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Lisa Zimmerman

Ortulana, Pregnant with Saint Clare

Favarone married me because I made him

look better—the good Catholic girl weds

the bad Catholic boy and he straightens out, 

quits the whores, loves me like he means it.

But before my second moon with no blood, 

before my whole body, not just my breasts,


felt tender when even my satin slip brushed 

against my skin, the cook’s wife went into labor. 

For three days the midwives came and left,

like weather. But the baby died.

I walked to their hut at dawn on the first day

before hope’s flame burned down the wick. 

Favarone slumbered on in our bed, tossed 

by dreams of conquests and concubines.

I brought clean linen, potatoes and leeks 

in a basket, a chicken I plucked myself.

The midwives, silent in their purpose,

took what I offered in their arms.

But the baby died. 

One of my maids said there was so much blood, 

the old midwife resolute, the young one crying 

with that tiny blue child in her lap.

By the time my belly swelled and Favarone

stroked my sore breasts and laughed 

at the thought of his house full of sons 

and daughters, my neighbor’s maid bled to death

in childbirth. I was not laughing. 

I was terrified. Even though I had been

a pilgrim in Jerusalem, even though I had knelt 

in Rome on cold marble, and kissed the cardinal’s ring.

What did God know about the uterus? 

About the extravagant pain when the pelvis

opened, when a small shoulder got stuck,

or the blue cord strangled or blood pooled

in the ocean the baby left behind in the mother.

I bowed down alone in my chamber and prayed

to the Virgin and all the women who squatted

over stone or straw and lived to hold a breathing child.

I felt struck by a bolt as the voice entered and told me

“Woman, do not be afraid, for you will joyfully bring forth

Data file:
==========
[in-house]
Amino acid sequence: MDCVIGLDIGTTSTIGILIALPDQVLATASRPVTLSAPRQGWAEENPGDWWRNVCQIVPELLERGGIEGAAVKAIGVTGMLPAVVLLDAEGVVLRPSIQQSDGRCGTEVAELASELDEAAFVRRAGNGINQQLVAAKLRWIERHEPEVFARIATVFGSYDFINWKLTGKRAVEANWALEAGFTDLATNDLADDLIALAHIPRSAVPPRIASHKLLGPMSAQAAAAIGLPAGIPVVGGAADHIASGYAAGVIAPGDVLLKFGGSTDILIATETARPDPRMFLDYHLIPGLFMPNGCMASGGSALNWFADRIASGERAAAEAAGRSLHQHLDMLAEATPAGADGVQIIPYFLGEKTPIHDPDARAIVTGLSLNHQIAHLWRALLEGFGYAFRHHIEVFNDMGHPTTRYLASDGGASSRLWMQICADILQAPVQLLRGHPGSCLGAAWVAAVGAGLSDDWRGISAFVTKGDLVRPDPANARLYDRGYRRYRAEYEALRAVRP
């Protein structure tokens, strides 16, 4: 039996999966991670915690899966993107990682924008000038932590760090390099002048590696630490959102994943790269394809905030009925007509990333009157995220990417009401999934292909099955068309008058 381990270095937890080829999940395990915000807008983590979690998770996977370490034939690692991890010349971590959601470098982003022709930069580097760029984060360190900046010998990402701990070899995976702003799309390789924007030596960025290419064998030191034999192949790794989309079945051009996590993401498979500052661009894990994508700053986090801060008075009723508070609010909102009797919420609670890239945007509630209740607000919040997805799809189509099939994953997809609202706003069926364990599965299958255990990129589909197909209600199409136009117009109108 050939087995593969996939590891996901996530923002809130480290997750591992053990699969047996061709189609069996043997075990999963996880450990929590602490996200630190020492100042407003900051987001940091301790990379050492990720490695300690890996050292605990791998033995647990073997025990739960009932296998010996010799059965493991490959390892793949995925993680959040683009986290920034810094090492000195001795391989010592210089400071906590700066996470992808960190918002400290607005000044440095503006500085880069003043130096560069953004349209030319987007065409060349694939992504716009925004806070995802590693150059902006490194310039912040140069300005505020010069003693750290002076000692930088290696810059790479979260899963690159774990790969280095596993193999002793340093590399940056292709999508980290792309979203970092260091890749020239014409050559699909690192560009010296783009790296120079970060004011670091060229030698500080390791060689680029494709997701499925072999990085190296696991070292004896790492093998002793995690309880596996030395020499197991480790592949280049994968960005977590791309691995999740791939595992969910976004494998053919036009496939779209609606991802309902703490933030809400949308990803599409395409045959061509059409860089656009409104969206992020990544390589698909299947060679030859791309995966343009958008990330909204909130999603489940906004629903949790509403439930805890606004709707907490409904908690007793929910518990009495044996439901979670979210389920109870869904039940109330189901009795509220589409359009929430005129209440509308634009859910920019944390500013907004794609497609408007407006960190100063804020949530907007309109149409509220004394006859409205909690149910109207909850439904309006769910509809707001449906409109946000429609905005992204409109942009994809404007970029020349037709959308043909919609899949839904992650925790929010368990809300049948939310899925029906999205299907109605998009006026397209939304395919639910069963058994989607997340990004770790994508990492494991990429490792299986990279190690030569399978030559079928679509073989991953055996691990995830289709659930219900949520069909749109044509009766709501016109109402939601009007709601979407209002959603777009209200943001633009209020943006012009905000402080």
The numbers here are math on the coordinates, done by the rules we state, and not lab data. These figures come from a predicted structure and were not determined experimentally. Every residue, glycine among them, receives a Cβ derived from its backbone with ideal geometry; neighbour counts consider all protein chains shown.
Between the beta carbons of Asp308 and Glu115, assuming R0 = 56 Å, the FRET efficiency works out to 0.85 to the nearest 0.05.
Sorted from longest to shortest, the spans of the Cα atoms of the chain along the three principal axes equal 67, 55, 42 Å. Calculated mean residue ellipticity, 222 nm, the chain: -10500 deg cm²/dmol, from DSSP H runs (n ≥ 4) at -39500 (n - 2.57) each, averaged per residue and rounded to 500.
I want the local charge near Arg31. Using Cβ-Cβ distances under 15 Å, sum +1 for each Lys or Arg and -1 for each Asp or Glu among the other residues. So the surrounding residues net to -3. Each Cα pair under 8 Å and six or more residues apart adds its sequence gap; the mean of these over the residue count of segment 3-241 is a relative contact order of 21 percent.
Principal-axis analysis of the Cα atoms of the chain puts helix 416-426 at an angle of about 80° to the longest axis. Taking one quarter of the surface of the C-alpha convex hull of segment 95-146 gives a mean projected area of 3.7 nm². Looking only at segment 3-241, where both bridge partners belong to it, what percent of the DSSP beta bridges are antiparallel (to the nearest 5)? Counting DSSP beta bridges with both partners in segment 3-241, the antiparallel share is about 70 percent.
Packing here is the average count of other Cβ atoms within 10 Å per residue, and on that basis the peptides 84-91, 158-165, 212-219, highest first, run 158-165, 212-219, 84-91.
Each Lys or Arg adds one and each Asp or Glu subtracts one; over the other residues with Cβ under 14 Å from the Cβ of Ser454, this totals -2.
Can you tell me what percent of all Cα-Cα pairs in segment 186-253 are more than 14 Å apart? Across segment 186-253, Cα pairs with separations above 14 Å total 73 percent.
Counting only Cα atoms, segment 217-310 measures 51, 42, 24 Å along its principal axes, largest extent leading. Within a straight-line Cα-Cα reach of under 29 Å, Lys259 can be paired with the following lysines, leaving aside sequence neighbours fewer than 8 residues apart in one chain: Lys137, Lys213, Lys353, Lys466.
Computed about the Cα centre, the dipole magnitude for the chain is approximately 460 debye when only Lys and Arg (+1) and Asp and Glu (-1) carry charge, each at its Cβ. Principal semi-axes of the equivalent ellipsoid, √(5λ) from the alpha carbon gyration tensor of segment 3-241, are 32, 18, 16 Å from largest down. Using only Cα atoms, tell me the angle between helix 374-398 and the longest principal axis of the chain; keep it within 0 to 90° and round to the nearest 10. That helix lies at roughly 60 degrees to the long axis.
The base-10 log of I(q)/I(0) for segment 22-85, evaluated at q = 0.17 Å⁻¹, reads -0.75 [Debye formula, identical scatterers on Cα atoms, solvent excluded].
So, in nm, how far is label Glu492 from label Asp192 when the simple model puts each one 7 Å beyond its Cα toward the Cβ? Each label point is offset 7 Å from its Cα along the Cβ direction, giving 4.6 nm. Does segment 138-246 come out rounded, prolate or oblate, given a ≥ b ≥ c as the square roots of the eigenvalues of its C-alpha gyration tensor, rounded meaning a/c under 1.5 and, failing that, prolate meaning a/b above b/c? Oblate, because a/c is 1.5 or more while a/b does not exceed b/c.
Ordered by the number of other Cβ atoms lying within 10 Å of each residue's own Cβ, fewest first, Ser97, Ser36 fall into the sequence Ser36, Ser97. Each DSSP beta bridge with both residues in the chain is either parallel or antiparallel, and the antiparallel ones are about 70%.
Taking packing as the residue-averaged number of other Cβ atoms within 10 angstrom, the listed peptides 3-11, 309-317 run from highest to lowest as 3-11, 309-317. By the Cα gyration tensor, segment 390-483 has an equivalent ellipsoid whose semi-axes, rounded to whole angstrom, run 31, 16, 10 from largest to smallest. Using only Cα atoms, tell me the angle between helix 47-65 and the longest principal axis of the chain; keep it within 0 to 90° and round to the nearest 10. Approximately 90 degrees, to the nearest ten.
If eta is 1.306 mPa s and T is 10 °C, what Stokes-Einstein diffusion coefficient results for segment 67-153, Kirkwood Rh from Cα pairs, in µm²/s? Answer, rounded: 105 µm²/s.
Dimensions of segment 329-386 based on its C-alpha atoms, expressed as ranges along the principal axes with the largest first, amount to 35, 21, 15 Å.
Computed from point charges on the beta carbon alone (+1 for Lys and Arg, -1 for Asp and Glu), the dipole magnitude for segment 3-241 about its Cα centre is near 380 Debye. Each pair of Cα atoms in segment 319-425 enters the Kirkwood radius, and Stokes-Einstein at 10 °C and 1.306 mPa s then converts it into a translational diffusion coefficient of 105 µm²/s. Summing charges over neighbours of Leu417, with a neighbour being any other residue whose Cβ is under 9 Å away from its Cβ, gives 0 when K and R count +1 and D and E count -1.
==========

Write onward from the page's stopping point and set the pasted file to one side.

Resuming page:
a clear light that will illumine the world.” So be it,

I thought. When I summoned the midwives they came,

with strong arms, working knowledge, their laughter

lighting the room as they joked about weak men, 

cry-baby husbands, boys hiding behind 

their mamas’ skirts from barking dogs and bullies. 

Beyond the window stars glittered in the night sky, 

their light cold and far and meaningless as always. 

Saint Barbara

Too beautiful for the light of day

her father locked her in a tower

he built himself, beating back

all the hungry young men 

who tried to steal her from him.

Pagan poets and philosophers were sent 

to instruct her but she carved

the lonely hours in prayer 

having found a priest

to baptize her a Christian. 

The soft hills and sky feathered with birds

beyond her prison made her ponder

their First Cause and Creator.

Perhaps it was after she flung the statues 

of false gods from the tower windows

that her father’s fury became a raving beast 

of rage. He pursued her as so many men

pursue a willful independent woman: 

with a sword and a mission.

She was tortured by others but beheaded

by him, her father. That he was struck 

by a bolt of lightning and reduced to ash 

as she was lifted by angels to heaven

will come as no surprise to some.

We know who we are.

Elegy in an Echo Chamber

          for I.K.

She is still alive so far from here.

I can’t see the room, or gentle care

the nurse is taking to close the sheer

curtains when night collapses and stars

take their shiny places in the black air

against the window. The more

I think about a world without her

in it, the more I care

about what every loving moment is for

and how very dear we really are.

Lisa Zimmerman is the author of three poetry chapbooks and three full-length collections of poetry: How the Garden Looks from Here (Violet Reed Haas Poetry Award); The Light at the Edge of Everything (Anhinga Press) and The Hours I Keep (Main Street Rag). Her poetry and fiction have appeared in Redbook, The Sun, Poet Lore, Colorado Review, Florida Review, SWWIM Every Day and other journals. Her poems have been nominated for Best of the Net, five times for the Pushcart Prize, and included in the 2020 Best Small Fictions anthology. She lives in Colorado.

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